Commonly found on houseplants and in greenhouses, the whitefly is a sap-sucking insect that is often found in thick crowds on the undersides of leaves. Any time infested plants are disturbed, great clouds of the winged adults fly into the air. Different stages yield similar damages, both nymphs and adults harm plants by sucking the juices from new growth causing stunted growth, leaf yellowing and reduced yields. Because of this your plants become weak and susceptible to disease. Similar to aphids, whiteflies secrete honeydew, so leaves maybe sticky or covered with a black sooty mold. Whiteflies are also responsible for transmitting several plant viruses.
Regionally in southern and coastal states whiteflies are found year-round in outdoor gardens, while in northern areas year-round infestations are possible only indoors. Plants that may be affected include more than 250 ornamental and vegetable plants. Citrus, squash, poinsettia, potato, cucumber, grape, tomato and hibiscus are commonly infested.
Whitefly young nymphs overwinter on the leaves of host plants. Then in late spring adult females deposit 200-400 eggs in circular clusters on the undersides of upper leaves. Thereafter the eggs hatch in 5-10 days and first instar nymphs, which resemble small mealybugs and are called crawlers, move a short distance from the egg before flattening themselves against the leaf to feed. After this phase the remaining nymphal stages (2nd, 3rd and 4th) do not move.
Finally there occurs a non-feeding pupal stage and within a week, young adults emerge to repeat the cycle. Study demonstrates that there are many generations per year as whiteflies develop from egg to adult in approximately 25 days at room temperature. Whitefly adults may live for one to two months. Each of the immature whitefly stages are easily overlooked. All of them are usually pale, almost translucent, and blend with the color of the leaf to which they are attached as superficially they are similar to several scale insects.
These insect pests use their piercing, needlelike mouthparts to suck sap from phloem, the food-conducting tissues in plant stems and leaves. Significantly large populations can cause leaves to turn yellow, appear dry, or fall off plants. Just as aphids do, whiteflies excrete a sugary liquid called honeydew, so leaves may be sticky or covered with black sooty mold that grows on honeydew. The whitefly feces, or honeydew, may also attract ants. Ants act as parasite bodyguards as the ants often protect whitefly immatures from predators and parasitoids. These ants interfere with the activities of natural enemies that may control whiteflies and other pests.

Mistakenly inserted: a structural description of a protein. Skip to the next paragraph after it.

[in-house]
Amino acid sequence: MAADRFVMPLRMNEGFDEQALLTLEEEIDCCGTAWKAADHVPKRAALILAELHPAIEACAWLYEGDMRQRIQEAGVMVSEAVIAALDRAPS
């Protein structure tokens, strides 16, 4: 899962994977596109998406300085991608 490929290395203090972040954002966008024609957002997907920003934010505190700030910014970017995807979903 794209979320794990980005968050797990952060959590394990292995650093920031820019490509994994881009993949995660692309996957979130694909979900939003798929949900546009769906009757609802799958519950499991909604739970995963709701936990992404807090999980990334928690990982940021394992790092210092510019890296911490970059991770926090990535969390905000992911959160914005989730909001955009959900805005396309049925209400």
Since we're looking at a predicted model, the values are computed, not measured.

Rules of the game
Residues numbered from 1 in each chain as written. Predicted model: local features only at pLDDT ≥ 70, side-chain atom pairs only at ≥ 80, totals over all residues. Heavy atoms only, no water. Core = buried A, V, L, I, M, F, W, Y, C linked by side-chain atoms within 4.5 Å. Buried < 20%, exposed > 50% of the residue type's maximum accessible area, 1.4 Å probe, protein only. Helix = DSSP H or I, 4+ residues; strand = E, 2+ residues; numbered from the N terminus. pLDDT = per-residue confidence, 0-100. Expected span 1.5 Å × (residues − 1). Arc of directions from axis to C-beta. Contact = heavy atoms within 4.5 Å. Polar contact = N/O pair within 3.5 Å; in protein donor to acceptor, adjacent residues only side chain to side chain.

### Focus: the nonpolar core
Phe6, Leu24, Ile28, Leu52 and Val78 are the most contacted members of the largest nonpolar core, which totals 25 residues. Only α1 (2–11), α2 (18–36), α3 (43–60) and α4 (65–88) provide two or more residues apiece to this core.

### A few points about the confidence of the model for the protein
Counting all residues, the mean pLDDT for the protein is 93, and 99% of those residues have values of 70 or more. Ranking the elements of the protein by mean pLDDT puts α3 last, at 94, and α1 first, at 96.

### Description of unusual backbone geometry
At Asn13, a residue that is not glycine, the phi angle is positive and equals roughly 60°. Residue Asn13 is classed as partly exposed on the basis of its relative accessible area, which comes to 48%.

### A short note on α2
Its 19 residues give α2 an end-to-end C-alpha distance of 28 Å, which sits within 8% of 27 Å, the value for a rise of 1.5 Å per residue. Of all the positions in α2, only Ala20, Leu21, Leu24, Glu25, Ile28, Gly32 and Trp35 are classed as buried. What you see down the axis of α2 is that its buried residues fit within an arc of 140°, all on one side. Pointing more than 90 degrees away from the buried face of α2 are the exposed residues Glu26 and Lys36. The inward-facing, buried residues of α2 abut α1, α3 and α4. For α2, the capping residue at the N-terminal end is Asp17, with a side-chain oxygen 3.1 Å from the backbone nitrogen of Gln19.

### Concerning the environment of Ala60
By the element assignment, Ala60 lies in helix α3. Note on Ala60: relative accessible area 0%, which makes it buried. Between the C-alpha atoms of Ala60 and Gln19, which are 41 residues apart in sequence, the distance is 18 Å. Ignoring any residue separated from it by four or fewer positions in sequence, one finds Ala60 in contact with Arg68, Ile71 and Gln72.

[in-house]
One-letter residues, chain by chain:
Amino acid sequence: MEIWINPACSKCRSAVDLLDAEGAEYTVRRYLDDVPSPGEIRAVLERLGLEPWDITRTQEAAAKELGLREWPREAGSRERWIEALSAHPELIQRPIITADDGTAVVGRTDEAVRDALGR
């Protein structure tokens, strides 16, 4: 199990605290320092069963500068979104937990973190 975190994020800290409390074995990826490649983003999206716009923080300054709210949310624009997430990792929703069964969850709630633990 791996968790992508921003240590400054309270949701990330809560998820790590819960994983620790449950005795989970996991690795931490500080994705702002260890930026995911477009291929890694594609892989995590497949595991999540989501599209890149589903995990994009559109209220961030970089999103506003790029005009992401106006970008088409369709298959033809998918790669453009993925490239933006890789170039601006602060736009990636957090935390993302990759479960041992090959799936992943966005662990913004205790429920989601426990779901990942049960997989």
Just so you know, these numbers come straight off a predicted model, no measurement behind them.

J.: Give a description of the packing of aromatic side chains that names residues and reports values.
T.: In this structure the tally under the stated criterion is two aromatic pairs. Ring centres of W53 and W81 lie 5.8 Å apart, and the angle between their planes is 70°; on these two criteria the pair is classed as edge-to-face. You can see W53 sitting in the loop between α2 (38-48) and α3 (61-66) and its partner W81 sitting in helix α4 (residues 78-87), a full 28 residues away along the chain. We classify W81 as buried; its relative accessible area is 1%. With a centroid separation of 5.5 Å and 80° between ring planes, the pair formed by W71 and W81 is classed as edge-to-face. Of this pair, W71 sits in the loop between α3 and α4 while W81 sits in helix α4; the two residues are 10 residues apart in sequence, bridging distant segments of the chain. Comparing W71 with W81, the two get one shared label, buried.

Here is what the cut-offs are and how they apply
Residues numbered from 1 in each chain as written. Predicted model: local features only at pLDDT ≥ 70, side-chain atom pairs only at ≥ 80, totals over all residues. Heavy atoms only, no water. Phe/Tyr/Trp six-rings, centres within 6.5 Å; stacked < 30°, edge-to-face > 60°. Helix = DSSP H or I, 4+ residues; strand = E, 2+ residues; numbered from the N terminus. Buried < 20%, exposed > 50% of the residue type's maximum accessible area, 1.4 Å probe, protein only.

Yet another problem associated with their presence may be the build up of sticky honeydew which can spur the development of an ugly black-sooty mold and may, if in great quantity, negatively affect the growth of the plants. The stickiness of the honeydew can attract dirt and debris and lower the overall value of the crop.
If they are not defeated early in the game whiteflies can, before damaged parts can be auto-corrected and outgrown by the continued development of the plants, cause considerable economical damage to an otherwise salable crop. They feed by sucking plant sap or juices. This feeding activity will normally cause leaf spotting and yellowing or interveinal chlorosis. Both of these can affect the plant’s appearance and value and may even, if left unchecked, kill the plant. Moreover, it can aid the transmission of various plant diseases.
Protect your trees and bushes from attack by Whitefly. Zimmerman Tree Services provides expert, licensed professional protection of your plants from infestation of the invasive, devastating Whitefly pests. There are different Whitefly treatment methods that may be applied to trees and hedges.
The life cycle of the mosquito takes place in four distinct stages, from egg through to adulthood. About every third day during their lifespan, female mosquitoes lay eggs, usually in clumps of 100 to 300. Mosquito eggs are deposited either as rafts floating on the surface of standing water or on the ground in areas that regularly flood. These flying blood-suckers can lay eggs in as little as one inch of water. Mosquito eggs, generally white when laid, cannot hatch unless they are in water, usually for two to three days.